A Thornbury dad has been diagnosed with a brain tumour after his optician sent him to A&E during an eye test.

Rob Tillen is being treated for a grade 4 glioblastoma multiforme (GBM), which doctors discovered in August. His shock diagnosis came after weeks of symptoms, including vision problems and migraines.

Rob’s fiancée, Annabel, is now raising money for him to have treatment overseas.

“Rob was out running one day in June, when suddenly he felt like his vision had ‘shifted’ to one side," she said.

"He said it looked as though everything was ‘lop-sided’.

"By the end of July, his vision was getting worse and one day in August, he had his first ever migraine, which lasted a whole day. On August 11 he went for an eye test at Specsavers in Thornbury, to try to get to the bottom of his symptoms.”

Not long into the appointment, the optician spotted something behind Rob’s eye and he sent him straight to A&E at Southmead Hospital.

Annabel said: “Covid-19 restrictions meant that Rob had to go in to hospital alone. He was there for several hours and at around 1am the next day, he called asking me to go to Southmead.

"When I arrived, Rob took me into a bay and told me they’d found a brain tumour. I was totally blind-sided. I asked him if it was cancer and he said he didn’t know.

"Naively, we both thought if it was a tumour, they’d be able cut it out and that would be then end of it. We later realised how wrong we were.”

On August 23, just 11 days after his diagnosis, Rob, who is dad to 16-year-old Teddy, had a craniotomy during which his surgeon managed to remove at least 98% of the tumour.

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However, on September 2, Rob and Annabel found out the tumour was a grade 4 glioblastoma multiforme (GBM), meaning it is very likely to grow back.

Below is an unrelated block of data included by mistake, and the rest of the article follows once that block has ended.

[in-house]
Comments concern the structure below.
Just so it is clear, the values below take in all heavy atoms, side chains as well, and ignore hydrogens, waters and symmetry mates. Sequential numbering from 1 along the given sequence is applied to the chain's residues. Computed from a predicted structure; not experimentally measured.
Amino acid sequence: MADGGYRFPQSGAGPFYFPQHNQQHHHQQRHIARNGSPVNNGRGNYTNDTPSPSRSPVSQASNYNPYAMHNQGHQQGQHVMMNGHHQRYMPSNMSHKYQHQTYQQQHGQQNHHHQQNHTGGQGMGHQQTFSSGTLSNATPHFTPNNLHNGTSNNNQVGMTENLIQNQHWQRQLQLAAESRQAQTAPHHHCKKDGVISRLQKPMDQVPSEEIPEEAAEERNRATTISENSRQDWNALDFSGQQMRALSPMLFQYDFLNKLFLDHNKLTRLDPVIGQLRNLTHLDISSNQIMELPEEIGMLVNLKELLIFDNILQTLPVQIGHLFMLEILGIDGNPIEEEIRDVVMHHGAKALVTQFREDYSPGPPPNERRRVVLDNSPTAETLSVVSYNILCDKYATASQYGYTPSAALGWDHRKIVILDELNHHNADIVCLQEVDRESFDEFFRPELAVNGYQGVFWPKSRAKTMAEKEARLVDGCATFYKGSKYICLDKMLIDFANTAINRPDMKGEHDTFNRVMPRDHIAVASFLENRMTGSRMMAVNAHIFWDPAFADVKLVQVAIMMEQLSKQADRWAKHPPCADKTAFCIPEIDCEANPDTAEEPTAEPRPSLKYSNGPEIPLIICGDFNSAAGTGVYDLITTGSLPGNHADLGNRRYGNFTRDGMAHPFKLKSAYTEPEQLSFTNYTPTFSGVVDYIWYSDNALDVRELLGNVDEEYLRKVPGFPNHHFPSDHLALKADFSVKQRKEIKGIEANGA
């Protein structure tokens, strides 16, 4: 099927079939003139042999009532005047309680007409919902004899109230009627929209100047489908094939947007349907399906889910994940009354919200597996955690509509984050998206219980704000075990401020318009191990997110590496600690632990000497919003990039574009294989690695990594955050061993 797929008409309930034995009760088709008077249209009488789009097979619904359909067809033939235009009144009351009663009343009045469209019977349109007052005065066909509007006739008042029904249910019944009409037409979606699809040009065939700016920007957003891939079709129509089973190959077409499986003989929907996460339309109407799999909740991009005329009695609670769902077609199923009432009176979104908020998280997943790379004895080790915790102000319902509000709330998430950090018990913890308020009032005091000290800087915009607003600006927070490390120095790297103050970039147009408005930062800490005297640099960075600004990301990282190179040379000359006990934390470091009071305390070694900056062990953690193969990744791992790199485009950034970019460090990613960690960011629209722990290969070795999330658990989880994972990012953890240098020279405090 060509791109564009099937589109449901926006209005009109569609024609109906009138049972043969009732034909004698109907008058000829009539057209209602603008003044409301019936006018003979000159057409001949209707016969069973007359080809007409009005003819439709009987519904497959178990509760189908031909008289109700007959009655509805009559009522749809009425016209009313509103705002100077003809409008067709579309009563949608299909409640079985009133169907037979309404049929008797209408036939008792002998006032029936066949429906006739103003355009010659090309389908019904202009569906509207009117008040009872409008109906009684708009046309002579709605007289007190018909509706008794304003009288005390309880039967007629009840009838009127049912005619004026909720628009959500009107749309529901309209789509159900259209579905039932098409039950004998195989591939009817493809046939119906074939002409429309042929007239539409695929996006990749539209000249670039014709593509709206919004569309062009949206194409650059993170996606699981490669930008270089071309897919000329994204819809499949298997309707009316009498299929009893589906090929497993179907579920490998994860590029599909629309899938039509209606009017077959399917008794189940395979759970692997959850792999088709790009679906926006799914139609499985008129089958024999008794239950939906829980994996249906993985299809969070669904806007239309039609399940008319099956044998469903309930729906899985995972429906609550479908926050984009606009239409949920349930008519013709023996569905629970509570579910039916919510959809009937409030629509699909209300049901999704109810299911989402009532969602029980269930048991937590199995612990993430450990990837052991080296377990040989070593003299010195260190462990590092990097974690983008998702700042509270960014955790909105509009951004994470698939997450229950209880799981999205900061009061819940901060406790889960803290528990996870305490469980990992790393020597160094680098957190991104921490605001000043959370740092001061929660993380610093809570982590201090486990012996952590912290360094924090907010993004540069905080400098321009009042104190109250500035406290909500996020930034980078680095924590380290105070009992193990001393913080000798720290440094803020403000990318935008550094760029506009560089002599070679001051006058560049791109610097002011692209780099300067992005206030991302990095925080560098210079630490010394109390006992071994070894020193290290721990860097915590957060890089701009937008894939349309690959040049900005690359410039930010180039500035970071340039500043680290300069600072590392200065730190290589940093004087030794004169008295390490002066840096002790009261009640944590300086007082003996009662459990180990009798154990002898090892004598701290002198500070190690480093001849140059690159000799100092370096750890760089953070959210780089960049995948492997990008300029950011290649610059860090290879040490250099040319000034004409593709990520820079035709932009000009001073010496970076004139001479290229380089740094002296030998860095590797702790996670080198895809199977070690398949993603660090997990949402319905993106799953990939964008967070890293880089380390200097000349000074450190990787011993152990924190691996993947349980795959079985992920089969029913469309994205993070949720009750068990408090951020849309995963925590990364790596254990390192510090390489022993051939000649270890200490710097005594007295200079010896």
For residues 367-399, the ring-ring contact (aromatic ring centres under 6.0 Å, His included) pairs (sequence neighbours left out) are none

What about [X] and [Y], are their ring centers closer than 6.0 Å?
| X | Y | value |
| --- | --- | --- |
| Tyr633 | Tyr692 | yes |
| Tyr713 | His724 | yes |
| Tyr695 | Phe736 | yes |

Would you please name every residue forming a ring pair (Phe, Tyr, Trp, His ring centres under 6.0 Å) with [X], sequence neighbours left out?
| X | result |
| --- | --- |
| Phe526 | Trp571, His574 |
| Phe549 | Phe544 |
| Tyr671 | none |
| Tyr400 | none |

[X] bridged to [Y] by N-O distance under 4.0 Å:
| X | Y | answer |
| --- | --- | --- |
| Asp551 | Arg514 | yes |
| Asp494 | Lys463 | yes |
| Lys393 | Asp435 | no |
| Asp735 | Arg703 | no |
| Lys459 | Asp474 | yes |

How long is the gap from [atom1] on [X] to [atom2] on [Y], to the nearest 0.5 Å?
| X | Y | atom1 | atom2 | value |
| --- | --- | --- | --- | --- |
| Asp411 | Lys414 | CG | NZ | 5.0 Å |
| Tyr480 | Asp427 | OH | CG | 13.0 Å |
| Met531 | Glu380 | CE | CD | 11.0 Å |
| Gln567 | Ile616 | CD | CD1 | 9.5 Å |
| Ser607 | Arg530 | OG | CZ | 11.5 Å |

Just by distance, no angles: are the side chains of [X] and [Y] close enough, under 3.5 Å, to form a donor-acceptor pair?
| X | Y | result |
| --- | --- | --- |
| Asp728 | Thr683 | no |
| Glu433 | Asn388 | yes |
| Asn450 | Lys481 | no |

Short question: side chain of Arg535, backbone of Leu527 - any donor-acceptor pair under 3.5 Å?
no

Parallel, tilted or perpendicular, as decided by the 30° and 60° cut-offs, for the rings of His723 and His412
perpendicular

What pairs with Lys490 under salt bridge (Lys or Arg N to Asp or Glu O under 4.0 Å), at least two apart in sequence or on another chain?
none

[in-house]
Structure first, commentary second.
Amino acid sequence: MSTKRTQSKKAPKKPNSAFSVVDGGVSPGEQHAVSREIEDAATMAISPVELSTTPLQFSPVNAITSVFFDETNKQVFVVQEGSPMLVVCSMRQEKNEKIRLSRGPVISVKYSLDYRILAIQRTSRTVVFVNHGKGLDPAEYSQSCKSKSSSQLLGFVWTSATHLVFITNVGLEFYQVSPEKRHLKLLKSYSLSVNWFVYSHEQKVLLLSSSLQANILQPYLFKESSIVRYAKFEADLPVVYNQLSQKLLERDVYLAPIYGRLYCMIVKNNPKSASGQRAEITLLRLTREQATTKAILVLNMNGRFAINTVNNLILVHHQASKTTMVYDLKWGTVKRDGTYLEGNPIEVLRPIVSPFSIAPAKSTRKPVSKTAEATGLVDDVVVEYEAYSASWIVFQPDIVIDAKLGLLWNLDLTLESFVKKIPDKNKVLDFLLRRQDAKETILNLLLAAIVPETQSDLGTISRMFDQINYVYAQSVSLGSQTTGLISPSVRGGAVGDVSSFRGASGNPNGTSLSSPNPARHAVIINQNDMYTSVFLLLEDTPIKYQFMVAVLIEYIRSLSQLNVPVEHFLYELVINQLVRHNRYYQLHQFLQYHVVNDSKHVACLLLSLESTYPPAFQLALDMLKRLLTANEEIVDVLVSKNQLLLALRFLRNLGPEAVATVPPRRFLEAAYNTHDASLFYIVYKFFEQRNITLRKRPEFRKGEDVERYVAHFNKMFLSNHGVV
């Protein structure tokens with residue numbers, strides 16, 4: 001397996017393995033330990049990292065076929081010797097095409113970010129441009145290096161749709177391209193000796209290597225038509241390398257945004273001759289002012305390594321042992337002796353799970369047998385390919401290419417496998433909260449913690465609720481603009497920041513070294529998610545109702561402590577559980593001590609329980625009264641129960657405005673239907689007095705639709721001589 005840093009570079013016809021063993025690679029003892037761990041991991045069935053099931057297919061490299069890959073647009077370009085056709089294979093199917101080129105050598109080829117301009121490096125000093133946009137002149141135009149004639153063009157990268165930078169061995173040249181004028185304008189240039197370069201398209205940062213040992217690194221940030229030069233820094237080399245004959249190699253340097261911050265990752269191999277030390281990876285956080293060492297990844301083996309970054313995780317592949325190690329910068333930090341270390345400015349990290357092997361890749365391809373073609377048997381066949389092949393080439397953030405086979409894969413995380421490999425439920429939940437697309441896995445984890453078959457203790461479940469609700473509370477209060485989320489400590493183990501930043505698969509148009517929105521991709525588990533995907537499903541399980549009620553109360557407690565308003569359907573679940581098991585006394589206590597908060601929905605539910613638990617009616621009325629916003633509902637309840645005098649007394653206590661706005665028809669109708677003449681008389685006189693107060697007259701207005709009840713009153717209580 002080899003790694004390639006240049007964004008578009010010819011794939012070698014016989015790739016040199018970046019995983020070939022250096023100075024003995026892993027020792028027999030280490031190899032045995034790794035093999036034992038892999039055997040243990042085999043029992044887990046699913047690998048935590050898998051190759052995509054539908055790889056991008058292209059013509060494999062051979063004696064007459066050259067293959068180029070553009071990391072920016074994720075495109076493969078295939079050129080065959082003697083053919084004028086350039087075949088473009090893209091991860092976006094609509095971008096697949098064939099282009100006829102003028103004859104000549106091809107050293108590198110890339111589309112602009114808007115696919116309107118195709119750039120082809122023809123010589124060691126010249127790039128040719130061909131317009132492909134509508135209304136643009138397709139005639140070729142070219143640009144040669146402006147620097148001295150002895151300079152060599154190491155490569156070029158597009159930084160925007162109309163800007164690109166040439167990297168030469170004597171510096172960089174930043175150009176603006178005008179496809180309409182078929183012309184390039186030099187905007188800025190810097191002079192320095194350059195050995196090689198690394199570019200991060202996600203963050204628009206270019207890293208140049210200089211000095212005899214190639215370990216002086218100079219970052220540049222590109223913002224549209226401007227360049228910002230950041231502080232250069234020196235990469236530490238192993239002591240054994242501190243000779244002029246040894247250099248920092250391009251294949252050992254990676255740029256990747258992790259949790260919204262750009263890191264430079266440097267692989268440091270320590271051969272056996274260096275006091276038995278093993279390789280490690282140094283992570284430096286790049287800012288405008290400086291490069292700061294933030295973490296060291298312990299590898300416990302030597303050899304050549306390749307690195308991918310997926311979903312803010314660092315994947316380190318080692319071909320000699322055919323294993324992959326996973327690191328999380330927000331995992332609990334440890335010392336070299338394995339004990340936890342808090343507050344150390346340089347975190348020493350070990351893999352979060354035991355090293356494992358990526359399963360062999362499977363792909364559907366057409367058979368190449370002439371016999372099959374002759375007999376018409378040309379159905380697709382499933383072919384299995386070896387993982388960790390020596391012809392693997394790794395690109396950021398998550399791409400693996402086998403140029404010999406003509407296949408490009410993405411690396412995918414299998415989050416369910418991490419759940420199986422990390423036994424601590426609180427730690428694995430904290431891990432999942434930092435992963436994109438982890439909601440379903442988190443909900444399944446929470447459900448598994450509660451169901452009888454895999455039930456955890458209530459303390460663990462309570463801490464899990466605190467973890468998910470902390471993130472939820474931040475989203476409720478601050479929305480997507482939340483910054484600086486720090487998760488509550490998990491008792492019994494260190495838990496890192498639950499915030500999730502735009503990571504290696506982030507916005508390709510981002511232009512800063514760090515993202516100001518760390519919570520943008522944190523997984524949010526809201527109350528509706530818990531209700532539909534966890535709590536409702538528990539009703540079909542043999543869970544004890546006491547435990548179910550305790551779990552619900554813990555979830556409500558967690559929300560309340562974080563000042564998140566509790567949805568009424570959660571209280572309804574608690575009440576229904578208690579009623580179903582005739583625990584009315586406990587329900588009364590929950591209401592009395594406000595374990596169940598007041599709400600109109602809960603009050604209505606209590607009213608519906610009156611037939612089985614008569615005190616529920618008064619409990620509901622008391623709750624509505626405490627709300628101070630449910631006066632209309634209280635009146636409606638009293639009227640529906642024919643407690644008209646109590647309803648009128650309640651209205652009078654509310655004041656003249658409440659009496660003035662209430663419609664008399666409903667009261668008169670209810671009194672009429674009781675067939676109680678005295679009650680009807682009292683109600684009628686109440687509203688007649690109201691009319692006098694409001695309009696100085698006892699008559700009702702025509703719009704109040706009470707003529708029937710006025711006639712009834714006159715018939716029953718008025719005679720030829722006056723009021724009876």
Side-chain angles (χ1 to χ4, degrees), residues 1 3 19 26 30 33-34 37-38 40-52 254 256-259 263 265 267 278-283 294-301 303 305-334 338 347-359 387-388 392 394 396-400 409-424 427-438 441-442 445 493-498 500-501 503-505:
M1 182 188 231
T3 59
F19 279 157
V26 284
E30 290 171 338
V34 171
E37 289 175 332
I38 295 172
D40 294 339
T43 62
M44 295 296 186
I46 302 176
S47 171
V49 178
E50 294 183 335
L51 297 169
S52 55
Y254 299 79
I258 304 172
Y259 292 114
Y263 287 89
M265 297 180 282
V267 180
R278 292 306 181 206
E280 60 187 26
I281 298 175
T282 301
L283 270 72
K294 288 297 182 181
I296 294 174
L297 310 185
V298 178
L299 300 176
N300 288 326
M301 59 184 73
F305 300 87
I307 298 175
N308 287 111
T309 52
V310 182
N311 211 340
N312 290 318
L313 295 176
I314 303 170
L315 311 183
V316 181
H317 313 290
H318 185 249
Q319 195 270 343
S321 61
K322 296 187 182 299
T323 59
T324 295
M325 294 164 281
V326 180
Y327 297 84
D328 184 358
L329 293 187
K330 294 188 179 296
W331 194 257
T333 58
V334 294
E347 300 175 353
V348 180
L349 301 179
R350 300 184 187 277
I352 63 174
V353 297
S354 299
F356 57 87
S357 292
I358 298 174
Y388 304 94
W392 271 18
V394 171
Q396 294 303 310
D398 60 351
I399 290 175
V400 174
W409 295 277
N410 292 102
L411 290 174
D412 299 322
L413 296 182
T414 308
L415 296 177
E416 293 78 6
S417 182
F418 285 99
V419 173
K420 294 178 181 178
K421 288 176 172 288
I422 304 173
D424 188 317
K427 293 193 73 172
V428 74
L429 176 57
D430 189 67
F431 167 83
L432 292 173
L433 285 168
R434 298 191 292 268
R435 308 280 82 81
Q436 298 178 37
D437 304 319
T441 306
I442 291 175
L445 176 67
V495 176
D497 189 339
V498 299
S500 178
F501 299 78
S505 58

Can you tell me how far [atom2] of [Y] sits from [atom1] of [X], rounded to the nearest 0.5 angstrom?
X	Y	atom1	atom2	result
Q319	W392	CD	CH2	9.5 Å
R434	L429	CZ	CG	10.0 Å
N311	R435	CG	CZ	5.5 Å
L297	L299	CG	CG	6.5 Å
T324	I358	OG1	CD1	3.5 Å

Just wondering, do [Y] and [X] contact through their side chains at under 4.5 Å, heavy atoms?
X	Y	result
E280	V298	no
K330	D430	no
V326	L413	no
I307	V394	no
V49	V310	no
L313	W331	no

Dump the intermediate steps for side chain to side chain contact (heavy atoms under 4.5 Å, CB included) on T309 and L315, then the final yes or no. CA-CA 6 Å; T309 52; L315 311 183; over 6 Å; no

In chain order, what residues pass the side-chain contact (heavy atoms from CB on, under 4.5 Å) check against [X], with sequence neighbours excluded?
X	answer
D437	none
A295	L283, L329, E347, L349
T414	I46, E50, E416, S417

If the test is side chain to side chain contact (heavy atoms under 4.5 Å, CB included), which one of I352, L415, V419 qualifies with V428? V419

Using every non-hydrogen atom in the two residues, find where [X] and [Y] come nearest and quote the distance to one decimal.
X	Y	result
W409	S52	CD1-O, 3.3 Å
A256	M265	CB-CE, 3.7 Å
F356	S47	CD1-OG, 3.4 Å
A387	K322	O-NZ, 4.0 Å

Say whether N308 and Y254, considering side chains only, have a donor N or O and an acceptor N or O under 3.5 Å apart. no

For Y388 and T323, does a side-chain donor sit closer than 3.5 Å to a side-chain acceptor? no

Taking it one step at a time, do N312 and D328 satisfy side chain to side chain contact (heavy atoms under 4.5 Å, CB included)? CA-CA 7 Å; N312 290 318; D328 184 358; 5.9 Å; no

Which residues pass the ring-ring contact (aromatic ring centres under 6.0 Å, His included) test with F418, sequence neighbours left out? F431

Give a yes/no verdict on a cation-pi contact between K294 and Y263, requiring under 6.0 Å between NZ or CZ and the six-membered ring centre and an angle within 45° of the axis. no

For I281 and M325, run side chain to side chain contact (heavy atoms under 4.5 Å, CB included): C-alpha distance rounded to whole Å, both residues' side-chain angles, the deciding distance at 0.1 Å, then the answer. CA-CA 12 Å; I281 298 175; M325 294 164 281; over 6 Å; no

Annabel said: “We’d been told it looked like a high-grade tumour before we got the biopsy results but, even so, hearing the prognosis was hard. Rob asked about his life expectancy and without much hesitation, the surgeon delivered the grim news that it was approximately 15 months. We were devastated.”

In November, Rob completed a six-week course of radiotherapy with concurrent chemotherapy at Bristol Royal Infirmary.

He is currently on high-dose chemotherapy to try to delay the inevitable regrowth of his incurable tumour.

Meanwhile, Annabel, who is due to marry Rob this summer, is fundraising to help pay for private treatment overseas.

She said: “I’m looking into targeted peptide vaccines, available at a clinic in Germany, called CeGat.

"The treatment is personalised and would aim to encourage Rob’s immune system to attack the tumour. But it comes at a huge cost. We need to raise £350,000."

Annabel says she is 'very grateful' for the £1,400 which has been donated to her GoFundMe page far, but admits she still has 'a mountain to climb.'

To encourage donations, Annabel has set herself the challenge of walking 500 miles over six weeks. She started on December 11 and will finish on the last day of January.

Having been diagnosed with multiple sclerosis (MS) during lockdown last year, she is battling ‘MS legs’, which often feel ‘heavy’ and she gets pins and needles but she says: “thinking of Rob and everything he’s going through gets me through it”.

Mel Tiley, community development manager for Brain Tumour Research, said: “We are so sorry to learn of Rob’s diagnosis with a GBM and send him our very best wishes for his ongoing treatment.

"The fact that Annabel is having to explore expensive private treatment options overseas is just not good enough.

"We, as a charity, are campaigning for more funding into brain tumour research to help find better treatments, which can be made available on the NHS. Ultimately, our mission is to find a cure for brain tumours to help prevent more families from being torn apart by this awful disease.”

To donate go to tinyurl.com/45vks7xc